Two keynote speakers highlighed the program. Nationally recognized Clark University Psychology Professor Michael Addis shared his conclusions in a keynote address looking at how cultural understandings of masculinity affect young men's well-being, including their social-emotional health, intellectual achievement, and physical condition — all of which are tied to men's success in college.

Jason Zelesky, Dean of Students at Mount Wachusett Community College brought to the program a 20-year student affairs background. Jason has worked alongside college students on issues of gender awareness, masculinity, sexual violence, hazing and substance abuse.

The first day of the symposium focused on an exchange of information, research, and anecdotal experiences to better understand the effect of gender differences on our approach to engaging college-bound students. Clark University Dean of Admissions & Financial Aid Don Honeman, Professor Ramon Borges-Mendez and a panel of Clark University students (men and women) contributed perspectives and facilitated participatory sessions with symposium attendees. Presentations were followed by practical discussions about how to positively impact the educational trajectory of young men.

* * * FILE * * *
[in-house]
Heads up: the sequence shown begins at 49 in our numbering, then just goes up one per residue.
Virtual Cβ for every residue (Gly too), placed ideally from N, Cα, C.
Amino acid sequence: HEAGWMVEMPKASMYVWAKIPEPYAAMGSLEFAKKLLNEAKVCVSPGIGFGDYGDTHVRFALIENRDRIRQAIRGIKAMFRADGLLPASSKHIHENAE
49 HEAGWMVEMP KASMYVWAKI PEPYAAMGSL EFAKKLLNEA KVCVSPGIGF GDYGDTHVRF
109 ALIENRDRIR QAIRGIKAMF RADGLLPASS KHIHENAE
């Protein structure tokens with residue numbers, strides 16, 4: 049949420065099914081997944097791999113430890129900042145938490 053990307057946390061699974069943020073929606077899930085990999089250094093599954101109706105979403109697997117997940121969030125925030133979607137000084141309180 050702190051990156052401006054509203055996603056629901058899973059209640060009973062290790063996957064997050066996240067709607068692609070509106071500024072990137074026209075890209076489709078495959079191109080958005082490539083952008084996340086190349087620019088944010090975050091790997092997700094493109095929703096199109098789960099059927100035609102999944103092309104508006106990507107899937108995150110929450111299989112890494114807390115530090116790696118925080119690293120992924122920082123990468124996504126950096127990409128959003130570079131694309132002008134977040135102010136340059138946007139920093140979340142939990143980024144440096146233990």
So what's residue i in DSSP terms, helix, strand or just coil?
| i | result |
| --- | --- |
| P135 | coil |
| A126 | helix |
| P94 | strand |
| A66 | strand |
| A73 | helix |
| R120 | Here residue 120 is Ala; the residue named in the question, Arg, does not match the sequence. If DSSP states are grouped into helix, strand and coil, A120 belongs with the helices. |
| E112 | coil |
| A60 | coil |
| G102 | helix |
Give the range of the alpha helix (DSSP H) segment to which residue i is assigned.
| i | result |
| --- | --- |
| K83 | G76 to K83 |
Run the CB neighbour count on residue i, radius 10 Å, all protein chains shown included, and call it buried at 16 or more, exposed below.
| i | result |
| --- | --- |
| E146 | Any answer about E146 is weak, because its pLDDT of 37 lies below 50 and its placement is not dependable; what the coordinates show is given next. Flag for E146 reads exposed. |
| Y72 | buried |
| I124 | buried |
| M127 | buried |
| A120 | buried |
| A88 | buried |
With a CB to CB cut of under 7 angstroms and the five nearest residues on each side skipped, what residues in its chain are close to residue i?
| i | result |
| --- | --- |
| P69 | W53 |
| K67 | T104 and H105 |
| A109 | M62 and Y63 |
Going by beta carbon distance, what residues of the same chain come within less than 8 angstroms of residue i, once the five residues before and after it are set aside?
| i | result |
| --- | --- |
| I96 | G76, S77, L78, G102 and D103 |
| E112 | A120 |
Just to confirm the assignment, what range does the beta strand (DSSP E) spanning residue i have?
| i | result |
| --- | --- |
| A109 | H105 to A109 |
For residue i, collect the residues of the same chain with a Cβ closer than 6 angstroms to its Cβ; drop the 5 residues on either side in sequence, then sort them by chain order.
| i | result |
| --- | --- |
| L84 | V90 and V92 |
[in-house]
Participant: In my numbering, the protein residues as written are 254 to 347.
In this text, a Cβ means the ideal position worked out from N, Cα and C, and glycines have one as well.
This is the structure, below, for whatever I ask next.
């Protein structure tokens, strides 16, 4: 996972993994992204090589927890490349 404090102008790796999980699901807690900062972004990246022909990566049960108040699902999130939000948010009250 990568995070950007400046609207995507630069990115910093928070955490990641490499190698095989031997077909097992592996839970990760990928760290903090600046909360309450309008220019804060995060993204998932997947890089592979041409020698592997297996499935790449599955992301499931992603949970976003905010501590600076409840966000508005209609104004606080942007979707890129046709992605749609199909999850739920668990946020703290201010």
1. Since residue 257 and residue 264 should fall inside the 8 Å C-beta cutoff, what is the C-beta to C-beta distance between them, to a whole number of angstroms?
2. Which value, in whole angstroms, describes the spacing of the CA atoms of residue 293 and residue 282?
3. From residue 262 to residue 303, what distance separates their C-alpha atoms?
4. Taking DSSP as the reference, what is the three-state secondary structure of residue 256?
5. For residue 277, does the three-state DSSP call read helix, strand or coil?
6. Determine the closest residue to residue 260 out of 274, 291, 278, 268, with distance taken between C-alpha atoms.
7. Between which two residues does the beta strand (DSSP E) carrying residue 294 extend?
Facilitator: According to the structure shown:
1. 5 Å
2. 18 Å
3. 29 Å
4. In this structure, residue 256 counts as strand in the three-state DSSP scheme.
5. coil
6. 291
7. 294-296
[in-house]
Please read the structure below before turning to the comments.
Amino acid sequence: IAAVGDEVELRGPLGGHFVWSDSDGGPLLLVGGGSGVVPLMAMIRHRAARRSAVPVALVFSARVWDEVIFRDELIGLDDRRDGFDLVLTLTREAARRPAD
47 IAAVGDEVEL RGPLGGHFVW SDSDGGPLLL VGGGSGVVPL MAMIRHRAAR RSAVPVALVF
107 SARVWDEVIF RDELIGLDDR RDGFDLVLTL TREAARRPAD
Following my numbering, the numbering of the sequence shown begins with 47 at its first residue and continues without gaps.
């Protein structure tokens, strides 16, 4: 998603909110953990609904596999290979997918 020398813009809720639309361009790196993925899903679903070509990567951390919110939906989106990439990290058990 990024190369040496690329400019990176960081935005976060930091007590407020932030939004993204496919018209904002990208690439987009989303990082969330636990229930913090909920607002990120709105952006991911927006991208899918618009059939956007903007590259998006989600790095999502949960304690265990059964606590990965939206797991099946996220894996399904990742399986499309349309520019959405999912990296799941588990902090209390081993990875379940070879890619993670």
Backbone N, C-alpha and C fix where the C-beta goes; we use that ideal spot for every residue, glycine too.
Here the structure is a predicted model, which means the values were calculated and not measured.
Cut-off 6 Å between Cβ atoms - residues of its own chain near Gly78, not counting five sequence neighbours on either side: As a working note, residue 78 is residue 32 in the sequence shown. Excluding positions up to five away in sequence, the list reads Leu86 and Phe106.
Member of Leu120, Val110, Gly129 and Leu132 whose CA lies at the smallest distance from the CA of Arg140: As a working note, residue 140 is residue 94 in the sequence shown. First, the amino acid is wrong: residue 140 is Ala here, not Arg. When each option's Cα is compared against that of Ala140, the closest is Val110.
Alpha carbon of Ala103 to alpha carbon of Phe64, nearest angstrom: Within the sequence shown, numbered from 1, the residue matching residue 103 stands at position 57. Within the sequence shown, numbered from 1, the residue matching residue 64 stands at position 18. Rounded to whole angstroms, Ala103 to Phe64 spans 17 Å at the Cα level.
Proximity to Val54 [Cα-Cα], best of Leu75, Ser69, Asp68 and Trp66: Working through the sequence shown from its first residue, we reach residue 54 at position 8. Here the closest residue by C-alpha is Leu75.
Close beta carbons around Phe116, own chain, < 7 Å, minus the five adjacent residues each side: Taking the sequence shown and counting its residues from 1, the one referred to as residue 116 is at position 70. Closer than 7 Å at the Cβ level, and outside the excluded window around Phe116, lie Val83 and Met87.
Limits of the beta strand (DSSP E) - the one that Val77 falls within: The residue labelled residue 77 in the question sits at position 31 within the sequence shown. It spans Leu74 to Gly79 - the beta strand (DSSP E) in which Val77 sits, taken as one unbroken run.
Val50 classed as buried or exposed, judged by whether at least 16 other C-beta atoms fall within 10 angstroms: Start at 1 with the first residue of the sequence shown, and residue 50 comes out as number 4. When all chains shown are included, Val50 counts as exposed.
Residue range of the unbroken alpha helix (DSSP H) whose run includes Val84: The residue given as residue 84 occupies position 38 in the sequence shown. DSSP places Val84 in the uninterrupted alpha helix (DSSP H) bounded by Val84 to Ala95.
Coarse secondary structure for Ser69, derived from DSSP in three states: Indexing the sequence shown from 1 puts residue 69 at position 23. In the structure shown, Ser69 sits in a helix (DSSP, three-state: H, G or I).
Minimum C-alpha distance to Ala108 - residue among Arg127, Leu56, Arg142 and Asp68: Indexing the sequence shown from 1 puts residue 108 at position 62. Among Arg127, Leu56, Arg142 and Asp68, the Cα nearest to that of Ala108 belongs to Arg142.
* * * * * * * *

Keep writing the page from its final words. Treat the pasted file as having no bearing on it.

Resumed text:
The second day was an opportunity for attendees to become better acquainted with Clark University and its unique approach to a liberal arts education, and included a session about Clark's pioneering model of education, LEEP (Liberal Education and Effective Practice); student conversations; and a campus tour. We thank all counselors who attended for joining us at this year's symposium and introduction to Clark.